If you’ve ever had a conversation with a native English speaker, you’ve probably heard some variation of use to or used to. So, which did you actually hear? Did the person say used to or use to? More importantly, which one is correct? In today’s guide, we will examine the grammar rules for both, but first, we will explain why these common terms are so often confused. So, let’s get started!
Why do use to and used to get confused?
As you can see, use to and used to look very similar in writing. There’s only a difference of one letter. The similarities are even worse when speaking English. Why? Because English speakers (particularly Americans) often pronounce both terms the same — or nearly the same.
Use to sounds exactly as it looks, like “you(z) to.” As a result, use to is pretty easy to use once you know how and when it applies. However, used to makes things more complicated.
Based on English pronunciation rules, used to should be pronounced as two distinct words. It should sound something like “you(st) to.” As you can see, there’s a notable difference in the way use and used are pronounced. The former has more of a “z” sound, while the latter has an “st” sound. Unfortunately, these are just how each term should be pronounced, not how they’re actually pronounced in everyday conversation.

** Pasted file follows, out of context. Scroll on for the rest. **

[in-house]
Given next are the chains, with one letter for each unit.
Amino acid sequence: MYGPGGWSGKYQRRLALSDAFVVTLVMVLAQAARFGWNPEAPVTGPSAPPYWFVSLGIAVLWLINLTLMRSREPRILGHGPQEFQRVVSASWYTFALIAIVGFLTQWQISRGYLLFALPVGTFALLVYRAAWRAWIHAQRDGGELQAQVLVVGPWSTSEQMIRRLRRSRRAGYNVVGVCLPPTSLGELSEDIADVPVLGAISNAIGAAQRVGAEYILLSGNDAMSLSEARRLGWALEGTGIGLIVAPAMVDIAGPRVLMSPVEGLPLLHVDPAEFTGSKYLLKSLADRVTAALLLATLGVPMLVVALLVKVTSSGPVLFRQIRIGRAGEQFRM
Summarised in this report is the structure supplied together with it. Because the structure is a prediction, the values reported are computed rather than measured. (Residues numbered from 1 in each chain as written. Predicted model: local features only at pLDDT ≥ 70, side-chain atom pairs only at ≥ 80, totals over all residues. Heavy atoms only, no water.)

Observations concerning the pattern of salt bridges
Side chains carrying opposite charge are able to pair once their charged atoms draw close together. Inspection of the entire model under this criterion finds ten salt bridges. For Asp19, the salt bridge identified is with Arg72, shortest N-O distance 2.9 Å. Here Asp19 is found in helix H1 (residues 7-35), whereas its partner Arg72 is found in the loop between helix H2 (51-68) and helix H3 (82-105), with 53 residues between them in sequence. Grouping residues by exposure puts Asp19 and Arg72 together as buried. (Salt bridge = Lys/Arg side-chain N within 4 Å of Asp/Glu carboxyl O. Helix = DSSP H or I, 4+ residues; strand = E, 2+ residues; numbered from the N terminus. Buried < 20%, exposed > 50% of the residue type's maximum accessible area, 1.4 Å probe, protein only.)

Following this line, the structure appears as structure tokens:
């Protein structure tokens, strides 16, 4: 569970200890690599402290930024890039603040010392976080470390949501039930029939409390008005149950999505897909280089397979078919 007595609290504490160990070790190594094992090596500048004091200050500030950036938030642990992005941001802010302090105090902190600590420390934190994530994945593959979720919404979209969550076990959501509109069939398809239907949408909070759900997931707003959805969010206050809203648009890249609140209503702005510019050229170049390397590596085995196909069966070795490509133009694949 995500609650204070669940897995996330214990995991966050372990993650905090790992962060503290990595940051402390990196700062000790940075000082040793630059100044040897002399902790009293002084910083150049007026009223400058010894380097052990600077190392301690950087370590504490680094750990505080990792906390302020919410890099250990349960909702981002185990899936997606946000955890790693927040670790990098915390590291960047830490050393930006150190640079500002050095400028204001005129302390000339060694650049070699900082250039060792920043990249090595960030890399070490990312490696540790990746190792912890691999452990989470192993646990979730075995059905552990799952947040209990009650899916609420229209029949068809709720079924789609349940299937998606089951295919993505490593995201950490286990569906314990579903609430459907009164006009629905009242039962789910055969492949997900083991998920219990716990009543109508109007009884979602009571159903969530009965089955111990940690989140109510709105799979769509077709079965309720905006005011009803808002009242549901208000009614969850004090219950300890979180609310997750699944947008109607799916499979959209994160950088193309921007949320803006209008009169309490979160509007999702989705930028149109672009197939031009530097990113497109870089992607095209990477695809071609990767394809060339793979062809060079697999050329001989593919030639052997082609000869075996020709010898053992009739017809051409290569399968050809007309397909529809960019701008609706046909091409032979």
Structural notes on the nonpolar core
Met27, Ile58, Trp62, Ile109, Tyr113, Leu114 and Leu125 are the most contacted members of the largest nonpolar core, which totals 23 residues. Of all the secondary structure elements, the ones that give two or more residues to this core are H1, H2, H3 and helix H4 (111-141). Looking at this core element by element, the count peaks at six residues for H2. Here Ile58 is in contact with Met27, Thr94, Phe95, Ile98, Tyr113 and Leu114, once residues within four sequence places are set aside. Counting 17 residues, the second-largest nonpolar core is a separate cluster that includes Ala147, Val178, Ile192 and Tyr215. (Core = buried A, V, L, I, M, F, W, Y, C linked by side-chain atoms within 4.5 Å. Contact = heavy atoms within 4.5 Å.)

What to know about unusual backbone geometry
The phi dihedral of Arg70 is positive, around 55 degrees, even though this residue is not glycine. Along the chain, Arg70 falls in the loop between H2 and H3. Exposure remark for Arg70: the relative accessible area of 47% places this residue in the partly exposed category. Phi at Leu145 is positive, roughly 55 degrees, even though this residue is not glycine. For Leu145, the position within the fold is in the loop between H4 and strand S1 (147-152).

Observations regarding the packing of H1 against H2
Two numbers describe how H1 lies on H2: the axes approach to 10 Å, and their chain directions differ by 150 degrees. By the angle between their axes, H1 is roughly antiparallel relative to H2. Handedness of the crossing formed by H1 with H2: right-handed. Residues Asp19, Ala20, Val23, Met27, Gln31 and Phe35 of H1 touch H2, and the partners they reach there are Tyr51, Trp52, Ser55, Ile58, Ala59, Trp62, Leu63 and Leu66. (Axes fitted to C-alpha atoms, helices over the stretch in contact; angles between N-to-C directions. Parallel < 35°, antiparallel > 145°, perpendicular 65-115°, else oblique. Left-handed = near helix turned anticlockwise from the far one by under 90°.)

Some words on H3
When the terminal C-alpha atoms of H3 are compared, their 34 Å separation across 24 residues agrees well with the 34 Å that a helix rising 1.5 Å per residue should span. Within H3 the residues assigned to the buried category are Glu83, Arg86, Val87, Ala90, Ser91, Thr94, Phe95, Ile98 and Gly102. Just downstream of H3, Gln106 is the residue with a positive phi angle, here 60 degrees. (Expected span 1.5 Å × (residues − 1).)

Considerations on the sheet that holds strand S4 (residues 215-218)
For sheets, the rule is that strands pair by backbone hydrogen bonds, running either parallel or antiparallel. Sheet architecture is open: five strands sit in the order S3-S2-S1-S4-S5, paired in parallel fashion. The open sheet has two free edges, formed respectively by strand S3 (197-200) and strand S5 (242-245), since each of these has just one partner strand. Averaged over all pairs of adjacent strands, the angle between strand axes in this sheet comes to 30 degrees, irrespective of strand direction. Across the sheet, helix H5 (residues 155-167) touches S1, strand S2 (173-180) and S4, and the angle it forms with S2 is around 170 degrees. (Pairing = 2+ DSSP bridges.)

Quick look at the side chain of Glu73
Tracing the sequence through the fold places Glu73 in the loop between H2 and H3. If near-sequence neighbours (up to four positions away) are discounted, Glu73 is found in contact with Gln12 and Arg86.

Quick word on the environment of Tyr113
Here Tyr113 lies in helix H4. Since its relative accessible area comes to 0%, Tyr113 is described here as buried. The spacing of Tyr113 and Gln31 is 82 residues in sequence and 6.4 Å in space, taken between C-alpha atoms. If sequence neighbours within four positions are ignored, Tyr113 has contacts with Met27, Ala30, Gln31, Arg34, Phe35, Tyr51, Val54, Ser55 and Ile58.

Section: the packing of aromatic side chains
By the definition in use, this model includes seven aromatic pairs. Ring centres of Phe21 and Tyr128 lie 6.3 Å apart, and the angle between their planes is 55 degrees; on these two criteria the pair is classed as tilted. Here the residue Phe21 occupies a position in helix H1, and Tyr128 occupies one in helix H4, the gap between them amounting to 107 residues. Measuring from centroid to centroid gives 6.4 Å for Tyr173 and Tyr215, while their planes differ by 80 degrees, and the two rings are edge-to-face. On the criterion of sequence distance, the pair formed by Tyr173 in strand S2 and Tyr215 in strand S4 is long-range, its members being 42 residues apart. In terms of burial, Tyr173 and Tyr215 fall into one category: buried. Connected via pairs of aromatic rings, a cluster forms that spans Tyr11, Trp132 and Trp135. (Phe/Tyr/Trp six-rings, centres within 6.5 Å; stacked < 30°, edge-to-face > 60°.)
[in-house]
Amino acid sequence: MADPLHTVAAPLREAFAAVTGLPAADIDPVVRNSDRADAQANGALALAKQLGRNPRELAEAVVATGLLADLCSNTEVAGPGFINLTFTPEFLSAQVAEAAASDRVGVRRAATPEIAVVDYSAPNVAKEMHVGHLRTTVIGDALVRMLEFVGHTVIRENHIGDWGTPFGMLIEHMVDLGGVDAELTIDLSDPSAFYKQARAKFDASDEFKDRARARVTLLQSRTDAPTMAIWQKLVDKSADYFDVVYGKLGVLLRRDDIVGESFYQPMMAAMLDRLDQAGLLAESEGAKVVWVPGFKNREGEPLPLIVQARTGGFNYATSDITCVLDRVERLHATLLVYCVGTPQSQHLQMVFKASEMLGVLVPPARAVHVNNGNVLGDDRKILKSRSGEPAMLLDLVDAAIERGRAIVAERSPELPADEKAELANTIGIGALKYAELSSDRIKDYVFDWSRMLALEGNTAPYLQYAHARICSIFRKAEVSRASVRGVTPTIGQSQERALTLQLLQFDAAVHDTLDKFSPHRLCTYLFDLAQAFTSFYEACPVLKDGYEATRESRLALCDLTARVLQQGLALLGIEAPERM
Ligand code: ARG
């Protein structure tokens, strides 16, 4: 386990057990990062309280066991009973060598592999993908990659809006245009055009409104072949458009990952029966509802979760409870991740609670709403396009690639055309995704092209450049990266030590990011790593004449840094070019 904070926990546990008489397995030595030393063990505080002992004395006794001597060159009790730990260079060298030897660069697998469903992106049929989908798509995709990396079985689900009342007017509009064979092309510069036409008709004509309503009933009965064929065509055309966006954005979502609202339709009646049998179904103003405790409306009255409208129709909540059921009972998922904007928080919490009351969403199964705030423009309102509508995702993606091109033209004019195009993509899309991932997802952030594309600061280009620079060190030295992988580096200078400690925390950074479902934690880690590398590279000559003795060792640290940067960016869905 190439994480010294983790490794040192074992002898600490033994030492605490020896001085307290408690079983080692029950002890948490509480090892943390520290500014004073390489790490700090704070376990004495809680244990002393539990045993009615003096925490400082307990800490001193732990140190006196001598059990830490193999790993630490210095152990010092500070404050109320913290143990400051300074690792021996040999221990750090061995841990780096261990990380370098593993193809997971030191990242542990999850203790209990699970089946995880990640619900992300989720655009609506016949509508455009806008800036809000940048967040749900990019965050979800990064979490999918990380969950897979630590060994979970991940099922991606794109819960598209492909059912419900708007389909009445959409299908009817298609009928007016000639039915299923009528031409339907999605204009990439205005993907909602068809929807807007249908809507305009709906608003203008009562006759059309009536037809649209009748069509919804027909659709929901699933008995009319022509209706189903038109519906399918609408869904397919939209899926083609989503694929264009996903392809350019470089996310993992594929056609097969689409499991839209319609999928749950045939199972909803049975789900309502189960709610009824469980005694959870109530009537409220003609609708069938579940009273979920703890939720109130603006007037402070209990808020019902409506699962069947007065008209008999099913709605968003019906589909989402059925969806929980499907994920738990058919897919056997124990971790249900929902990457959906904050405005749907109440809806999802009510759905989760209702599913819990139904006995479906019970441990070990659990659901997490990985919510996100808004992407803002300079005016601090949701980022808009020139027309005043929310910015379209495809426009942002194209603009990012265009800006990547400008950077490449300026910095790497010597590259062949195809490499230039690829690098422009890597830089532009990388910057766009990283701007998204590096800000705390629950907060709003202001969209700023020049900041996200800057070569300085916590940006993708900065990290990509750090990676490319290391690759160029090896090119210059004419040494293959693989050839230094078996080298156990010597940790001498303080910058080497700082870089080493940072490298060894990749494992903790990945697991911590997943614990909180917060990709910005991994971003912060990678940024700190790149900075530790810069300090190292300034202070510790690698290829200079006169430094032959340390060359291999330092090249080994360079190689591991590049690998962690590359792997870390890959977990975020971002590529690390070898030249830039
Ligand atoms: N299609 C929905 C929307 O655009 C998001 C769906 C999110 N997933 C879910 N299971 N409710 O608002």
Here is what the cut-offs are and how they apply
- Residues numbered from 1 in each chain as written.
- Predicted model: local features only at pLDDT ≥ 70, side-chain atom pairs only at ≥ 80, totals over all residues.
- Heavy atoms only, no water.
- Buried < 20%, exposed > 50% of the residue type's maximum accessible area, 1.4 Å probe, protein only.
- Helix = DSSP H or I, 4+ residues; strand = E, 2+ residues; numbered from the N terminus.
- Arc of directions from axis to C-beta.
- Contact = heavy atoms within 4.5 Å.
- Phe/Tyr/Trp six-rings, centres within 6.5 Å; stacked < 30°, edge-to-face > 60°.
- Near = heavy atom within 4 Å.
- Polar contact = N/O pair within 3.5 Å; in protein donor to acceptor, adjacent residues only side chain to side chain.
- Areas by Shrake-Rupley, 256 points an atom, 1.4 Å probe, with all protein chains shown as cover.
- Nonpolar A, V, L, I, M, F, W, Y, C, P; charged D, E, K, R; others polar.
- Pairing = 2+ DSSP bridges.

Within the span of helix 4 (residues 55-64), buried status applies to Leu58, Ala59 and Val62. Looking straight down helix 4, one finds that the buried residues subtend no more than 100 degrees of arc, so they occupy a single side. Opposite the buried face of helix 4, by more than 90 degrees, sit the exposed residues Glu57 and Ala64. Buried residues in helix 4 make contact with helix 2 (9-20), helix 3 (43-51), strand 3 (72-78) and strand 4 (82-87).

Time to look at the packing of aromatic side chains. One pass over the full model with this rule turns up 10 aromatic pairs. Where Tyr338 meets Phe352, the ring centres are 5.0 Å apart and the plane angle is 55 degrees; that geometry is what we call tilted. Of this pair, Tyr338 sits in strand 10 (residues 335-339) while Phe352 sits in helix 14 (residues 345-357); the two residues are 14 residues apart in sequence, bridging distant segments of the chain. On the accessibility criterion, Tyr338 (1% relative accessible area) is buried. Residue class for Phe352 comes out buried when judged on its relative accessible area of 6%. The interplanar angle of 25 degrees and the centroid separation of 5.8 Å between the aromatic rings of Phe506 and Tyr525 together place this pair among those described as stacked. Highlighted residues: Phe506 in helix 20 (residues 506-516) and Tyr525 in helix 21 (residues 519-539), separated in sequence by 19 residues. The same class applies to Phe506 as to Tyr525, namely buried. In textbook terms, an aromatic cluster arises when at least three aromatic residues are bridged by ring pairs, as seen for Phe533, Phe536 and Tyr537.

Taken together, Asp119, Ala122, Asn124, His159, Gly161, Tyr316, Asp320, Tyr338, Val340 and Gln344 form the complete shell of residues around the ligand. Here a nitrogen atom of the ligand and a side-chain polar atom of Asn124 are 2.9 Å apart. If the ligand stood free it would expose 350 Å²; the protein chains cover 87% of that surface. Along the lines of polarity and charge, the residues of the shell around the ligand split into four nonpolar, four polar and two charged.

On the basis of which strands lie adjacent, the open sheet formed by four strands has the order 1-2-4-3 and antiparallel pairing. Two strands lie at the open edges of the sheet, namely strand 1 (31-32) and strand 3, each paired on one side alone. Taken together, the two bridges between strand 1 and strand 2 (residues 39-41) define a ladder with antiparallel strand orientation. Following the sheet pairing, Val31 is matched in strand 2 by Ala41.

If you’ve ever spoken with a native English speaker from the United States, you probably know that Americans have a tendency to speak quickly, allowing separate words to sound like they are mashed together. This doesn’t always present a problem, but in the case of use to or used to, it’s a pretty big issue.
Why? Because if you don’t separate the sounds of the words in used to, it sounds very similar to use to. As a result, many non-native speakers struggle to distinguish between the two in conversation. Now that we’ve looked at the issue of phonetics, let’s look at each term’s definition(s) to understand how they should be used.
Definitions: Use to vs. Used to
Despite looking and sounding very similar, use to and used to can mean very different things. First, let’s look at the definition of use to:
Verb phrase – Use to – To take, hold, or establish something for a specific purpose.
Basically, use to is just one way to express the action of using something. However, there are some instances where use to can take the place of used to as an adjective phrase. We will talk about that a little later on.
Alternatively, used to can function in three distinct ways. Here are all the possible definitions of used to:
- Verb phrase – Used to – To take, hold, or establish something for a specific purpose (in the past tense).
- Verb phrase – Used to – To show that a situation or event existed or happened in the past, but does not exist or happen now.
- Adjective phrase – Used to – Accustomed to; to express familiarity with something.
Needless to say, used to is a more complex term. It can function in multiple ways and can even be limited to certain tenses. As an adjective phrase, used to can be put in just about any tense. However, as a verb phrase, used to is limited to tenses in the past.
So, now that you know what both of these terms mean, let’s see when you should say use to or used to!
As previously mentioned, use to is the simpler of the two terms. There are only so many ways you can use it. In any case, here are a few common examples: